7.1. Robotic Extended Pelvic Lymph Node Technique

Robotic EPLND begins by carefully incising the peritoneum overlying the common iliac artery, taking care to remain lateral to the ureter. Medial retraction of the bladder can facilitate identification of triangular apex of lymphatic tissue that sits at the bifurcation of the common iliac artery. The dissection of lymphatic tissue is antegrade down along the hypogastric artery to the origin of the medial umbilical ligament. These internal iliac (hypogastric) nodes are omitted in the standard PLND. Next we dissect the lymphatic tissue along the external iliac artery down to the node of Cloquet. The crossing circumflex vein can often be preserved with careful dissection. Retrograde dissection along the external iliac vein and sweeping maneuvers towards the elevated packet facilitate separation of the obturator nodes. Medial and lateral nodal tissue may be split over the obturator nerve to facilitate the dissection. External iliac, obturator, and internal iliac nodes can often be removed en block. Surgeons have used mono or bipolar electrocautery, polymer clips, or metal clips to ligate vessels and lymphatics. All appear to have similar complication rates. Select placement of metal clips at the bladder pedicles and in the area of lymphadenectomy may facilitate postoperative radiotherapy. A committed surgical approach that respects anatomic pitfalls can yield excellent nodal counts while minimizing complications.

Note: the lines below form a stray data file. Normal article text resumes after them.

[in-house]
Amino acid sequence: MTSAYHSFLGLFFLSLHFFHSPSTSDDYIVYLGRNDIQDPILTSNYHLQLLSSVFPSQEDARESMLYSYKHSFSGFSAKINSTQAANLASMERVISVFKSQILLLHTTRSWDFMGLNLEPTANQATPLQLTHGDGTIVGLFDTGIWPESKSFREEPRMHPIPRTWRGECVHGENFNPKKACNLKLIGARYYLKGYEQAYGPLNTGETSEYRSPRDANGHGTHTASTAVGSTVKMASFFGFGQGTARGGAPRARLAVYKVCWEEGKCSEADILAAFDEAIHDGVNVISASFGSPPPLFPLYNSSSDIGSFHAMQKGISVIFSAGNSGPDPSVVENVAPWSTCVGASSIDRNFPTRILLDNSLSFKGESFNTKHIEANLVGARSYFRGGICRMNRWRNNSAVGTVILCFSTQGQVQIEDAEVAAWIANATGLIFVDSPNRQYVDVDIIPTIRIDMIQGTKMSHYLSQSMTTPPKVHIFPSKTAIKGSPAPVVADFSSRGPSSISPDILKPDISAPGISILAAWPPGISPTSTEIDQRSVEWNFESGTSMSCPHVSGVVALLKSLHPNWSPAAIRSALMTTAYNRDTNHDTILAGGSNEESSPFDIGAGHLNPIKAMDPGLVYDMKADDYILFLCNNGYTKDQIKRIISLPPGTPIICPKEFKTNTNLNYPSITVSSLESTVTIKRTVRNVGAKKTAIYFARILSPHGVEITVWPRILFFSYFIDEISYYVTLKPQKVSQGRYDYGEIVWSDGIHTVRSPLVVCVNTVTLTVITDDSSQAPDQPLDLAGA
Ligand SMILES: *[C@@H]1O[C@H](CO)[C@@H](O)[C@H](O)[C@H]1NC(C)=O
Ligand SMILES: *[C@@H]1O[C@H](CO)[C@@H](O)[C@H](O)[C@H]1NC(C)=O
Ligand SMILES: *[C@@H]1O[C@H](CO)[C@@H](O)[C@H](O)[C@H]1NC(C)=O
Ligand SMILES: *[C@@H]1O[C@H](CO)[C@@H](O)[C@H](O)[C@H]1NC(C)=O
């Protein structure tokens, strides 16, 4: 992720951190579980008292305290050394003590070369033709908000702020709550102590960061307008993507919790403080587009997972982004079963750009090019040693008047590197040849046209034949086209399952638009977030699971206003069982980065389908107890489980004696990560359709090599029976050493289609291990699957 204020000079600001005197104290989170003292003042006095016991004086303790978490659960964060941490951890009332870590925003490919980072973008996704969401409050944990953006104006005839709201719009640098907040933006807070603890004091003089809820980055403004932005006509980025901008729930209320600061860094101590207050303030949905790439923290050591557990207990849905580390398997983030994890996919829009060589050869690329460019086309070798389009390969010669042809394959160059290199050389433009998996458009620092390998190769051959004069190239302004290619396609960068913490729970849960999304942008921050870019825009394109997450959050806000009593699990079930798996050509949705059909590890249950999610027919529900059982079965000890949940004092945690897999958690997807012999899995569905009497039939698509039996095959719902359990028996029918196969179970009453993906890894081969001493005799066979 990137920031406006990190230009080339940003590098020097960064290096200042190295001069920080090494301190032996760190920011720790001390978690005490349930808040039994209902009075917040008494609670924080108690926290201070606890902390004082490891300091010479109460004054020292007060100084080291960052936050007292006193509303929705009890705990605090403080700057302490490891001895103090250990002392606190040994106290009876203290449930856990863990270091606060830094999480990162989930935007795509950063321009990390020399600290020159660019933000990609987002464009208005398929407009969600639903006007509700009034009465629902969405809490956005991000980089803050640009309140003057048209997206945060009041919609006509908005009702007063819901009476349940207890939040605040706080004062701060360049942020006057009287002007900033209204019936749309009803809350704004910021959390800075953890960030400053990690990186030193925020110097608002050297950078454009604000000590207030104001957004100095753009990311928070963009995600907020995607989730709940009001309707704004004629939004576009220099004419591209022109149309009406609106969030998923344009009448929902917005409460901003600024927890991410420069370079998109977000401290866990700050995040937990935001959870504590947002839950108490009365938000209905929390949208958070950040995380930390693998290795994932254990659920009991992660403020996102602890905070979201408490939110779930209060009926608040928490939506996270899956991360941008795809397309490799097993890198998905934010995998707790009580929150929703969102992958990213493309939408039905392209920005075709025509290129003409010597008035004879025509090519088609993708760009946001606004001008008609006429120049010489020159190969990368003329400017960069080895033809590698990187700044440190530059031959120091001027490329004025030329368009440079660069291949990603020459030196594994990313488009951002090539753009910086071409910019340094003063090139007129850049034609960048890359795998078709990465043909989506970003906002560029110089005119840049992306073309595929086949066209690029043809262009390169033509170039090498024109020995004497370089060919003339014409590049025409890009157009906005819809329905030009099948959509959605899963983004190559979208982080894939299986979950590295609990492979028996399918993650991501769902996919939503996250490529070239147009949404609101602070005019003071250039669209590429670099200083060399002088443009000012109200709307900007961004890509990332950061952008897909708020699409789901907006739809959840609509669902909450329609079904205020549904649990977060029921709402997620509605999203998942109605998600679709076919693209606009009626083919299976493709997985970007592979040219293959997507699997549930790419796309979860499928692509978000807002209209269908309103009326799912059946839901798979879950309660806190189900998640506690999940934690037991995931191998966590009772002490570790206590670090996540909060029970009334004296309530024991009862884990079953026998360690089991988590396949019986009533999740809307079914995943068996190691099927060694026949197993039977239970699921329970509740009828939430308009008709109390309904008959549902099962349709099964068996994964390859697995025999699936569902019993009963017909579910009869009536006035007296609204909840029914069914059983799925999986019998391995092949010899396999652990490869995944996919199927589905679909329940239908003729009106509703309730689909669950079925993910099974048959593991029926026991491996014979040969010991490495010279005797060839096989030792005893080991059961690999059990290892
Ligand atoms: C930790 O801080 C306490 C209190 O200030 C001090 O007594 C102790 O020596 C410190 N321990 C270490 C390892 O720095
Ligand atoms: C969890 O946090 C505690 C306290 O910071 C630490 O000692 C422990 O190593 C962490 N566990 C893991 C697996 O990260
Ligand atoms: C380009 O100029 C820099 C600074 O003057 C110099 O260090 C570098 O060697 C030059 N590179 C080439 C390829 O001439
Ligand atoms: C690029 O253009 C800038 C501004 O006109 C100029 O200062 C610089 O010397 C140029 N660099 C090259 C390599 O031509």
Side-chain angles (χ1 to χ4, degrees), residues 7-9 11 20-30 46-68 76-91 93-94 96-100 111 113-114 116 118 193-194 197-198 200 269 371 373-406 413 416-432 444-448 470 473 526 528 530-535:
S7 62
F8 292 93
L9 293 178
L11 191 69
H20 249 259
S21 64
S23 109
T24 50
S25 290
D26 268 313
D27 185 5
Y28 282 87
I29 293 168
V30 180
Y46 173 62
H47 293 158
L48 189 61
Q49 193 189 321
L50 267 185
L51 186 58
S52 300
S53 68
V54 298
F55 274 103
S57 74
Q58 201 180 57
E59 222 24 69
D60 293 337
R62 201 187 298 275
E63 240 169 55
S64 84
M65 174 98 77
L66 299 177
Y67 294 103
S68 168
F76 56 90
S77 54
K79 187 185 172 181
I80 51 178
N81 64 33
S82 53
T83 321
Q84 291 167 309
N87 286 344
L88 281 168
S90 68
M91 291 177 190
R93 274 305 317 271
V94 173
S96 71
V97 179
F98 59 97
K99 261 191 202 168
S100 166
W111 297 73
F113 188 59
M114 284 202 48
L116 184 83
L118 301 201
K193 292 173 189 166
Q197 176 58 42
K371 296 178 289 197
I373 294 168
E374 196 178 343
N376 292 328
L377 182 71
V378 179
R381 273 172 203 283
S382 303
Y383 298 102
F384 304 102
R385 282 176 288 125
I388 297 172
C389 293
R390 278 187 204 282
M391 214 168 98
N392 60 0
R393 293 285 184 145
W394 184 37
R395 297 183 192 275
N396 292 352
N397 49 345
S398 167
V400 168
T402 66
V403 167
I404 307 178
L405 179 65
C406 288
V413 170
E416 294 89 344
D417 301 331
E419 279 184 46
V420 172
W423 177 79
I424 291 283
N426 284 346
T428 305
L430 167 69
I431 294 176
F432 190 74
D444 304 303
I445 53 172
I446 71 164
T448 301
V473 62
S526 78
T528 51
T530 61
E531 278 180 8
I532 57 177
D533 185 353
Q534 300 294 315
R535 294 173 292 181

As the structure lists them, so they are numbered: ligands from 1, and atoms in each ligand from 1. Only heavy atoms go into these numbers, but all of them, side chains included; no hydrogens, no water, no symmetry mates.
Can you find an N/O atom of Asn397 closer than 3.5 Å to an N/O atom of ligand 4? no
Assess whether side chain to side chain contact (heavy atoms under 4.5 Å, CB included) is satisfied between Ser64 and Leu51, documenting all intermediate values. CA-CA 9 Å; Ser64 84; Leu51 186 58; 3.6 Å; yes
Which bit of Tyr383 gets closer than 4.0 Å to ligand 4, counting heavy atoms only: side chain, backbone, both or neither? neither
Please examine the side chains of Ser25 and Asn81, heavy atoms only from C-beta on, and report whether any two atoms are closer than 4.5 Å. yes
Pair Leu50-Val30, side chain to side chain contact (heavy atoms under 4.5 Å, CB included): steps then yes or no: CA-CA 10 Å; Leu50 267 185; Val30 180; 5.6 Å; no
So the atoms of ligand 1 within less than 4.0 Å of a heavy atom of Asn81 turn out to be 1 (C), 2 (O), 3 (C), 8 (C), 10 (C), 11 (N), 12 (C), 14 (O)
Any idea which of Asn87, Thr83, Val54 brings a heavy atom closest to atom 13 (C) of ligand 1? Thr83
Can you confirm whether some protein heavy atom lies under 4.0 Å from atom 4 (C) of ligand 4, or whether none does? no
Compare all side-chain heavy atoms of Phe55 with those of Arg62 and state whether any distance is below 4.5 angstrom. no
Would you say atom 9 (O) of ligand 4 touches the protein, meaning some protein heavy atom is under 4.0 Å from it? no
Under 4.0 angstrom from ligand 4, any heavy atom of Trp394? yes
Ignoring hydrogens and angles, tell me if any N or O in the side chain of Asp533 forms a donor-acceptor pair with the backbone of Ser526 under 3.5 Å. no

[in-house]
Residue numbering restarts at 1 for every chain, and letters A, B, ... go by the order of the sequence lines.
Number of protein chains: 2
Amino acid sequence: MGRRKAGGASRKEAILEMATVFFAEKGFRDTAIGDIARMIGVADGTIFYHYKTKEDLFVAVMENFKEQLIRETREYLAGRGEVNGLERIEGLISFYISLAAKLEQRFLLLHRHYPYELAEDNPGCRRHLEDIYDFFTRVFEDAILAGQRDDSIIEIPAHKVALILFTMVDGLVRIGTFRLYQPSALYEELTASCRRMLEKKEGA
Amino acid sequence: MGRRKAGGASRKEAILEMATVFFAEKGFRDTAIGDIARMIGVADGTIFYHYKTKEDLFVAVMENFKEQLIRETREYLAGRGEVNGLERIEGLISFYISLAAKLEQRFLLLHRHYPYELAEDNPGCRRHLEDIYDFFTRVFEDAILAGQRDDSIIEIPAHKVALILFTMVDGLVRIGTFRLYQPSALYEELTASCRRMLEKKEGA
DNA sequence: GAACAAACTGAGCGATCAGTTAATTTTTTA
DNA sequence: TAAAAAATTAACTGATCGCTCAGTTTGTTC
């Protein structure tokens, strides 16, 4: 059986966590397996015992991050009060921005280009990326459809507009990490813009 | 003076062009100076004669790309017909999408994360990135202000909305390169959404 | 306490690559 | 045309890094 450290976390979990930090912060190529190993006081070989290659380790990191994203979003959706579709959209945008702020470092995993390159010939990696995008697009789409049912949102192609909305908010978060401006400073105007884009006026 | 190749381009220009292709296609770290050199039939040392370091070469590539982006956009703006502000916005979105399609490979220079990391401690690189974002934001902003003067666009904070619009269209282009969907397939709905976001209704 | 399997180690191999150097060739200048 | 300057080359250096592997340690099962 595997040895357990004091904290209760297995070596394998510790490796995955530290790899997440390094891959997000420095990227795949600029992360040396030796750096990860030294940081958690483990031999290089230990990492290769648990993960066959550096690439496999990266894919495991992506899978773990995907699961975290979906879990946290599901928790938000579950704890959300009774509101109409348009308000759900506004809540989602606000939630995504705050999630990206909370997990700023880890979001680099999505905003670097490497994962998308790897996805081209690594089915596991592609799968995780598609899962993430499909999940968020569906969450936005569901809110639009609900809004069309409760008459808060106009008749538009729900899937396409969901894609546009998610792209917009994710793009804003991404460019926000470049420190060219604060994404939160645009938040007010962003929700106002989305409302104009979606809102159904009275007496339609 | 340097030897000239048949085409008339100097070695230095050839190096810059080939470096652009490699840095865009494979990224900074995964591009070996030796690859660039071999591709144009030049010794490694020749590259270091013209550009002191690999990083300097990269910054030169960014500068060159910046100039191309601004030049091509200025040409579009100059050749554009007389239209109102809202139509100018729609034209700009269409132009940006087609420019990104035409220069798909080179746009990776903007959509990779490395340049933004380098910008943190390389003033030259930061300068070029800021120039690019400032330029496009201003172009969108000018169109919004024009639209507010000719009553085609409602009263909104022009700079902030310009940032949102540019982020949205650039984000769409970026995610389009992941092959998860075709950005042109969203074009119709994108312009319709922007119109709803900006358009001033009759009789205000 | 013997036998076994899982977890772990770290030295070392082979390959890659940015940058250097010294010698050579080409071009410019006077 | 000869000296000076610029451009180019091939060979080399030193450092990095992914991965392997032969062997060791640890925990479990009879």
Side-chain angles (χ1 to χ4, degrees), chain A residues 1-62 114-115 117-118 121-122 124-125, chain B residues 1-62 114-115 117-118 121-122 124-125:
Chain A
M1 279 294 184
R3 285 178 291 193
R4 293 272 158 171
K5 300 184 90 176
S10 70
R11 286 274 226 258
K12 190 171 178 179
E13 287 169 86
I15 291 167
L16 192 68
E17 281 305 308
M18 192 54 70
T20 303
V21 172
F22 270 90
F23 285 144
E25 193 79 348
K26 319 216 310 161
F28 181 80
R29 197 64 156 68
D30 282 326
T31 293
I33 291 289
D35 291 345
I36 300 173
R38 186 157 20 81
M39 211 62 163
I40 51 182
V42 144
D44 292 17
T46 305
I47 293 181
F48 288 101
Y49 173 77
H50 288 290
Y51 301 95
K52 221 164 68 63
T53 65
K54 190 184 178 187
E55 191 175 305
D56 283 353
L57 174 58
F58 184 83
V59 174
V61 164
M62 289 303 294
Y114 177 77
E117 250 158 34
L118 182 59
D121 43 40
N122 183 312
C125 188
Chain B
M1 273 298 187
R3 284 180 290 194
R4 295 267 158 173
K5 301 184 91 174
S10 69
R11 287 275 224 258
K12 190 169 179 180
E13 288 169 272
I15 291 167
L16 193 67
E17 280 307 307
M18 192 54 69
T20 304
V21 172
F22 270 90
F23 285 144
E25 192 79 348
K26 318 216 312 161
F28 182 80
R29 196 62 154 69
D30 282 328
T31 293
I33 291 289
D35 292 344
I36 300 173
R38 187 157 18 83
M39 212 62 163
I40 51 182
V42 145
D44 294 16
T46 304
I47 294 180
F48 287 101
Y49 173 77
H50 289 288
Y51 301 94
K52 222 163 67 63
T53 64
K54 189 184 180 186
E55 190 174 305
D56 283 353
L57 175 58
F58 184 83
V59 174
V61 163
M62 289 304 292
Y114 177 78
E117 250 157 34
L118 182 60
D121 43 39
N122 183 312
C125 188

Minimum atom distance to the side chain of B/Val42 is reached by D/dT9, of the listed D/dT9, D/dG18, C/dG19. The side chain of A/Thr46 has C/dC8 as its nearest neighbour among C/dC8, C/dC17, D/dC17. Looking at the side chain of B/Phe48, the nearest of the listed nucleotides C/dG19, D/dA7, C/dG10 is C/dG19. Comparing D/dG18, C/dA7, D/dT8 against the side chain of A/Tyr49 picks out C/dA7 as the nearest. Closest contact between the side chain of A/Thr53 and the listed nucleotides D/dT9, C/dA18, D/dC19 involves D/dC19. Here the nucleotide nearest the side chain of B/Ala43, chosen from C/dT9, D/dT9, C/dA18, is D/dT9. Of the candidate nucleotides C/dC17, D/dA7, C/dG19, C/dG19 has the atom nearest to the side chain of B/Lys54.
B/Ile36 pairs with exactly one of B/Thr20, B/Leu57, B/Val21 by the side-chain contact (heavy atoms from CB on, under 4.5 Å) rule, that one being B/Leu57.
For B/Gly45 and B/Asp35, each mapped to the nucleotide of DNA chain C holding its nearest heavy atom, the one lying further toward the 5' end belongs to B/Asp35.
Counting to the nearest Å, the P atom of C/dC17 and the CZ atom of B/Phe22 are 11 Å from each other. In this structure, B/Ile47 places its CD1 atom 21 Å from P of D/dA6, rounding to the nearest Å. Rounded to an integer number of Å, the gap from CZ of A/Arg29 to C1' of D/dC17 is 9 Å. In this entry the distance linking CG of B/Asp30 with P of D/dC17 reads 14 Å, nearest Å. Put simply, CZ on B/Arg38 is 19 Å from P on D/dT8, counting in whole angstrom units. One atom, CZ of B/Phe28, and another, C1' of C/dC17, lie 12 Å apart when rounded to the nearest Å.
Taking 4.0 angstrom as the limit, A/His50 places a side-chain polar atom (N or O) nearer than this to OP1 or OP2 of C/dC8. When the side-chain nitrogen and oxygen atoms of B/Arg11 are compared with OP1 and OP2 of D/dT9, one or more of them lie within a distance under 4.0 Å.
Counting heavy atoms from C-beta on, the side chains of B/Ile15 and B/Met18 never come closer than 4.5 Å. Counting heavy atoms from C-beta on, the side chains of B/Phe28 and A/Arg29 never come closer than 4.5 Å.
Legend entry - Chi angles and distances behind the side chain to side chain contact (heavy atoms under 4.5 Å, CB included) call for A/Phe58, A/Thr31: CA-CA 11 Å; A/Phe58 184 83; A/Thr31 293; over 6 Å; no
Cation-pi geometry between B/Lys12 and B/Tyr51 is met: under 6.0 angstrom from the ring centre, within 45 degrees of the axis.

8. Review of Robotic-Assisted Extended Pelvic Lymph Node Dissection